German-born Julia Hammond is the founder of Daheim Manufaktur, the communal start-up kitchen in Kreuzberg.
When conventional cleaning products used in her kitchen started to aggravate her asthma, Julia decided to explore alternatives that would not compromise the professional hygiene standards required at Daheim.
She started fermenting her own cleaning vinegars with leftover peels and fallen fruit from a local beekeeper. Soon, friends were asking for bottles too, and so her new label Berliner Zauberkraut was born.
I stopped by her enchanting space on Dieffenbachstraße, to chat a little about the magic behind her vinegars, modern-day rituals and old-world lore.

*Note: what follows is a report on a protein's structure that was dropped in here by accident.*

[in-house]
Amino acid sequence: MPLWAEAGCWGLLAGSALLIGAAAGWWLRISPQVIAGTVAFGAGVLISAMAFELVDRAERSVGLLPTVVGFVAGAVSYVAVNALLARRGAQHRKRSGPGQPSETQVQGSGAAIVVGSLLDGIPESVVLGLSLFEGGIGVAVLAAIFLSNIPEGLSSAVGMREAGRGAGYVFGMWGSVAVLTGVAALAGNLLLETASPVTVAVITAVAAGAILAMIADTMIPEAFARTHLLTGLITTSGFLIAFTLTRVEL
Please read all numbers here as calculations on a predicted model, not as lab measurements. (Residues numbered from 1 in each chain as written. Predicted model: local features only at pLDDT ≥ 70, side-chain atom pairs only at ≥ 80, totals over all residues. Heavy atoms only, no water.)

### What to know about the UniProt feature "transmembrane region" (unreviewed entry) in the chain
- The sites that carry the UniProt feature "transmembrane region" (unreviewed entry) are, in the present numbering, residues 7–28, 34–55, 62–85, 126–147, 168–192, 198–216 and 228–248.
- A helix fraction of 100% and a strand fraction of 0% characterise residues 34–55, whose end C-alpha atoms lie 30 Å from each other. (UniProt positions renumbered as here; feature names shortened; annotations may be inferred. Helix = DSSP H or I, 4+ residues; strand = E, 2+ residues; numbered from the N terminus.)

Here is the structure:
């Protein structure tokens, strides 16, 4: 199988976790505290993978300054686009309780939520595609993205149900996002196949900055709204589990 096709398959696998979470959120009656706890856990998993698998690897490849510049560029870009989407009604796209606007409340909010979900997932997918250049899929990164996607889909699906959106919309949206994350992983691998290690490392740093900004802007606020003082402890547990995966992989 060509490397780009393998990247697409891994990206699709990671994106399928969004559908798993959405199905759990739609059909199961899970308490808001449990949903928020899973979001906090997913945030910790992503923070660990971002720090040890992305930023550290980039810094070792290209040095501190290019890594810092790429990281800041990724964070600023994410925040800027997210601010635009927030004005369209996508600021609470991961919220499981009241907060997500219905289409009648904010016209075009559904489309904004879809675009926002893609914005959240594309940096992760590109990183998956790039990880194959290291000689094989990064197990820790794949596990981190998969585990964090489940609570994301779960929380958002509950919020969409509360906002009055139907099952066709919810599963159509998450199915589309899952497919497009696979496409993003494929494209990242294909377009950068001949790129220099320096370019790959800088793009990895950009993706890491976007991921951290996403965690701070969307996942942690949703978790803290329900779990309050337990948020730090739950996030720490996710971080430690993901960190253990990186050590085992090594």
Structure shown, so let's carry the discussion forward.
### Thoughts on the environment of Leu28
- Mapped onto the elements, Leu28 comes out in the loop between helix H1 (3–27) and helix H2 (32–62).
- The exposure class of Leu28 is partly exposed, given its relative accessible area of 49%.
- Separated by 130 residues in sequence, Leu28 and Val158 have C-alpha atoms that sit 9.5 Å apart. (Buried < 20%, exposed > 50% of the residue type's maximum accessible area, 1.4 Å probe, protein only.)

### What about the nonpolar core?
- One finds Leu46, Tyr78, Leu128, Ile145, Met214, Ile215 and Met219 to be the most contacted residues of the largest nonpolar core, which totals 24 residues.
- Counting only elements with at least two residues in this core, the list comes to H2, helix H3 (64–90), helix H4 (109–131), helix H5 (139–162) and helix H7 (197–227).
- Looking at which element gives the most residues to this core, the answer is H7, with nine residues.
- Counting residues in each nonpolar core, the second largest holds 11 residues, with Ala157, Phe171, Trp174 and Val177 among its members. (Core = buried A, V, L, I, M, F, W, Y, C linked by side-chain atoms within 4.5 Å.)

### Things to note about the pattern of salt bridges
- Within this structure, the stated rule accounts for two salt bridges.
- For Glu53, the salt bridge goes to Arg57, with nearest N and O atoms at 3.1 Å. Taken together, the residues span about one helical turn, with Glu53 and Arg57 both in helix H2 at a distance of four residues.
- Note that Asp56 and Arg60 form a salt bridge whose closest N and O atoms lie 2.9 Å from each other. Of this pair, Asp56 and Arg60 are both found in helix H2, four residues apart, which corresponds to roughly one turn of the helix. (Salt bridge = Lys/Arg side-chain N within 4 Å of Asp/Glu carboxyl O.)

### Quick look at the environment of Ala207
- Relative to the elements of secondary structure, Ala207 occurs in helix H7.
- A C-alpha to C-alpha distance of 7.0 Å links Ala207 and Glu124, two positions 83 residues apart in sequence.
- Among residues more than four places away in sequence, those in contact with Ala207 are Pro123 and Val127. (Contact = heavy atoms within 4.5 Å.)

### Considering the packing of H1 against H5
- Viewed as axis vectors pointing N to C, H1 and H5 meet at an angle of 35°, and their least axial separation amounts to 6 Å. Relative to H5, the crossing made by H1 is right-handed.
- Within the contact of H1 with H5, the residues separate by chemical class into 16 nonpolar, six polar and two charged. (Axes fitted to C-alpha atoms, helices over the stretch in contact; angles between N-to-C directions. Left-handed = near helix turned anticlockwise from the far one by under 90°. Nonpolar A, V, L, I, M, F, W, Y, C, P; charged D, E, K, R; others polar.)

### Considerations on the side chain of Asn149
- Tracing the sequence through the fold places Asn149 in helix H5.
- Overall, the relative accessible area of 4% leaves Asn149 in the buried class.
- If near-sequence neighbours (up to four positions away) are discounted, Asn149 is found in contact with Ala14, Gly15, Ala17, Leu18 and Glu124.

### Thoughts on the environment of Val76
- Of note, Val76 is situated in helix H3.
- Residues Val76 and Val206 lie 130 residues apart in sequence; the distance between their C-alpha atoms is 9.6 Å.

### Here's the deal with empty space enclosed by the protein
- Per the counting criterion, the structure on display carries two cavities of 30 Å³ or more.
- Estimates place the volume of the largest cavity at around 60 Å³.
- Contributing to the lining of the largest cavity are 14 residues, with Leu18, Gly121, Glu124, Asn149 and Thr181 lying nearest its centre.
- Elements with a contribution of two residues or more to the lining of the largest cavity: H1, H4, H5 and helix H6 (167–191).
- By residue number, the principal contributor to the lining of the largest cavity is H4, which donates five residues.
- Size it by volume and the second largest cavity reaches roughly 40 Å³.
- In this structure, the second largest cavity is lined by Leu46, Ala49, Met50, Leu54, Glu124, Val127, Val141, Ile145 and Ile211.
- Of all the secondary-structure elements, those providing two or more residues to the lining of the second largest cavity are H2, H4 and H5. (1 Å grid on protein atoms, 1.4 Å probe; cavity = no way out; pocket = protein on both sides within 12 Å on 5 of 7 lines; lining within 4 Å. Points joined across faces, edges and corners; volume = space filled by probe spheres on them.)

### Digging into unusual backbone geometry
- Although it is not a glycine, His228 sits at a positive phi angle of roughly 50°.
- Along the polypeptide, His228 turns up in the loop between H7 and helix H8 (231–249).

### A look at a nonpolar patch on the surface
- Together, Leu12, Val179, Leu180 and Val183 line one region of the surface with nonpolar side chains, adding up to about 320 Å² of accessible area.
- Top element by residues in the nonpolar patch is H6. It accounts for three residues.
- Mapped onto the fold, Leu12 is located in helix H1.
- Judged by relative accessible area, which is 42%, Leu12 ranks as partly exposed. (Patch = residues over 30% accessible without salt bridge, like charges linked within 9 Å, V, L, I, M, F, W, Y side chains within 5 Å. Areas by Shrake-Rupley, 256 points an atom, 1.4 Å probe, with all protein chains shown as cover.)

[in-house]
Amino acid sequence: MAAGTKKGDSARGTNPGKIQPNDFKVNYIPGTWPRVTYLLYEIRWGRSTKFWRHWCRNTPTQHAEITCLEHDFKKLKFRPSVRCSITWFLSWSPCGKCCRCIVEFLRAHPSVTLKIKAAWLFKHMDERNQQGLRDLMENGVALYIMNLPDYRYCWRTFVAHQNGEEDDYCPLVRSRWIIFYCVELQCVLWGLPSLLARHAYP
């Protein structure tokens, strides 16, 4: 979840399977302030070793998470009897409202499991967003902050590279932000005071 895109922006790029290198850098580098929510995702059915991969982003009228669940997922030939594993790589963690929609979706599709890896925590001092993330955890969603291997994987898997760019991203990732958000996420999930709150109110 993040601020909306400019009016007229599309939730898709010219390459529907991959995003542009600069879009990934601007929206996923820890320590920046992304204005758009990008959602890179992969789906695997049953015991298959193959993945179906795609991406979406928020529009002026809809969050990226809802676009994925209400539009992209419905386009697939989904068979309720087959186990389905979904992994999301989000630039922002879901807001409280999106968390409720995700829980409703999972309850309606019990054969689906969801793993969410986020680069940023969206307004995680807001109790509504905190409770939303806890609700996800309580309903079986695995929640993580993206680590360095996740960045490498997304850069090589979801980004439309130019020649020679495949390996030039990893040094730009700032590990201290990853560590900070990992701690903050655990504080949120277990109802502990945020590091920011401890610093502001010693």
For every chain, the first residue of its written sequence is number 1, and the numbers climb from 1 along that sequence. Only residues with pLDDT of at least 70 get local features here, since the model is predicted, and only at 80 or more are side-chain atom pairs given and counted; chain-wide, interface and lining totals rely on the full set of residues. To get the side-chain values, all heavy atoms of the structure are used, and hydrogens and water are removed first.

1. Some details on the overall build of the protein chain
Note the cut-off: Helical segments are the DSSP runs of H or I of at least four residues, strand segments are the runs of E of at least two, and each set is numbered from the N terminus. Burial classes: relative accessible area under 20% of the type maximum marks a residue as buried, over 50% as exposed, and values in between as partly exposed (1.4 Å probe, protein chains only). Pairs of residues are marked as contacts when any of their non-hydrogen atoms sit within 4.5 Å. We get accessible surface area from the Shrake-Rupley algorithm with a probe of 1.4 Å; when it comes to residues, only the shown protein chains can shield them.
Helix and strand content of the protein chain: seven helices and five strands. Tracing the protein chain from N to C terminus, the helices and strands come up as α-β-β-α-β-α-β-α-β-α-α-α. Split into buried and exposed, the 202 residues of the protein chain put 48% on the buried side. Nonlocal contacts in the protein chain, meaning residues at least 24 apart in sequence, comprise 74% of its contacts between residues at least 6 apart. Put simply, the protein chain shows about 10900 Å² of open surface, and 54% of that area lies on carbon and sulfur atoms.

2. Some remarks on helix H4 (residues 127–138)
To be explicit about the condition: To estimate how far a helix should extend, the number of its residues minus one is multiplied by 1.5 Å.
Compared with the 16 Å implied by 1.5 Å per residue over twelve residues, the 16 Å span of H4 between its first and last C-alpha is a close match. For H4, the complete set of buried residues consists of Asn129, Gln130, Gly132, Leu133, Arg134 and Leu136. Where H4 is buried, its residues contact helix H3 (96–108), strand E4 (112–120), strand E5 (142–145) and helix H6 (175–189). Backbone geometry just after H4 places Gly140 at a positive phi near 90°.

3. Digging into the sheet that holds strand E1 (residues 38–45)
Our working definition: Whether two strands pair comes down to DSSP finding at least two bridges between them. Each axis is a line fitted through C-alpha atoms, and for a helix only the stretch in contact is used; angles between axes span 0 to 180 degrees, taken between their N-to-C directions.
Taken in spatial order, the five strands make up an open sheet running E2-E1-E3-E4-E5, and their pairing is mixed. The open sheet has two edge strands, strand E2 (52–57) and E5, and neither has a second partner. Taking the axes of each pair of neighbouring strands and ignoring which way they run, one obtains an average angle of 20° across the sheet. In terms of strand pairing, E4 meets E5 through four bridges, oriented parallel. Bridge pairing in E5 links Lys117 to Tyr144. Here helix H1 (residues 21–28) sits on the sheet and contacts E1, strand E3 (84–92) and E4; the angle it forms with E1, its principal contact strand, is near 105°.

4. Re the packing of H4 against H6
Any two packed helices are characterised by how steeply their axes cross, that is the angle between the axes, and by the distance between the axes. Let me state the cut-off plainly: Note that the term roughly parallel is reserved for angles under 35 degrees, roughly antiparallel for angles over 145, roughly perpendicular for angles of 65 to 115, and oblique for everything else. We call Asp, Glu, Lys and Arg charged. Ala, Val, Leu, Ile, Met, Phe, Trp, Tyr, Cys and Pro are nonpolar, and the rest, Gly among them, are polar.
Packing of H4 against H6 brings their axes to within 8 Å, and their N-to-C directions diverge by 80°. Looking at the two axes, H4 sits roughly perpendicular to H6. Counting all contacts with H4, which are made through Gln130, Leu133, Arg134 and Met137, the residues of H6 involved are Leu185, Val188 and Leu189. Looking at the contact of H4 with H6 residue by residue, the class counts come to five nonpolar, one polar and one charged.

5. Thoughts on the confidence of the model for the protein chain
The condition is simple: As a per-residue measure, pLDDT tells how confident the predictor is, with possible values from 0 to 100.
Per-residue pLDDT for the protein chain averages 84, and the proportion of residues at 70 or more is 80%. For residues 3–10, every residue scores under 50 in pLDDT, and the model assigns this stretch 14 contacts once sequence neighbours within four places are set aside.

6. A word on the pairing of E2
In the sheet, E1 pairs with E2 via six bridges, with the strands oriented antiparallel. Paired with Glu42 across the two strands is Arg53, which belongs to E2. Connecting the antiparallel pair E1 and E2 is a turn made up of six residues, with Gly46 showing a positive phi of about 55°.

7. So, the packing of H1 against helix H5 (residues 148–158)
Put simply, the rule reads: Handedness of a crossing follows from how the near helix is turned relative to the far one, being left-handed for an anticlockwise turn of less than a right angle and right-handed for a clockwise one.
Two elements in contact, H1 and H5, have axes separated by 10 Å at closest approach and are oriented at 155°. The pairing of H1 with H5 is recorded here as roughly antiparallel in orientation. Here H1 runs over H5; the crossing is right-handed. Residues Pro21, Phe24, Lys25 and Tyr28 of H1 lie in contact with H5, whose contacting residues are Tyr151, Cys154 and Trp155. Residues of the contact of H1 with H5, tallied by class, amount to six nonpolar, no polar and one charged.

WHAT DOES ZAUBERKRAUT MEAN?
“Translated, it means ‘magic herb’. I use local herbs in my cleaning products that have–according to legend–traditionally been used by witches in Germany. These give each product a magic power. If you just believe in it.”
TELL US A LITTLE ABOUT THE MAGIC BEHIND IT AND HOW IT’S ROOTED IN NATURE.
“I have always been fascinated with witches and the legends surrounding them. Growing up in the catholic Bavarian countryside, we still celebrated seasonal rituals. We were told a lot of ghost and witches stories and had some old Kräuterweiber (herbal women) selling healing herbs in the city square.
These old women fascinated me, and as a kid I was convinced they must be witches. That magic is something that stuck with me since then, something I could escape and lose myself in. I wanted to bring this magic into my home products, as cleaning is a daily ritual we still practise without realising its effects. We are surrounded by all these magic plants in Berlin, and have forgotten the power of most of them: Linden blossoms, Mugwort, Stinging nettle…”
HERE AT YUN WE ARE FASCINATED WITH THE CONCEPT OF BALANCE. WHAT DOES IT MEAN TO YOU PERSONALLY?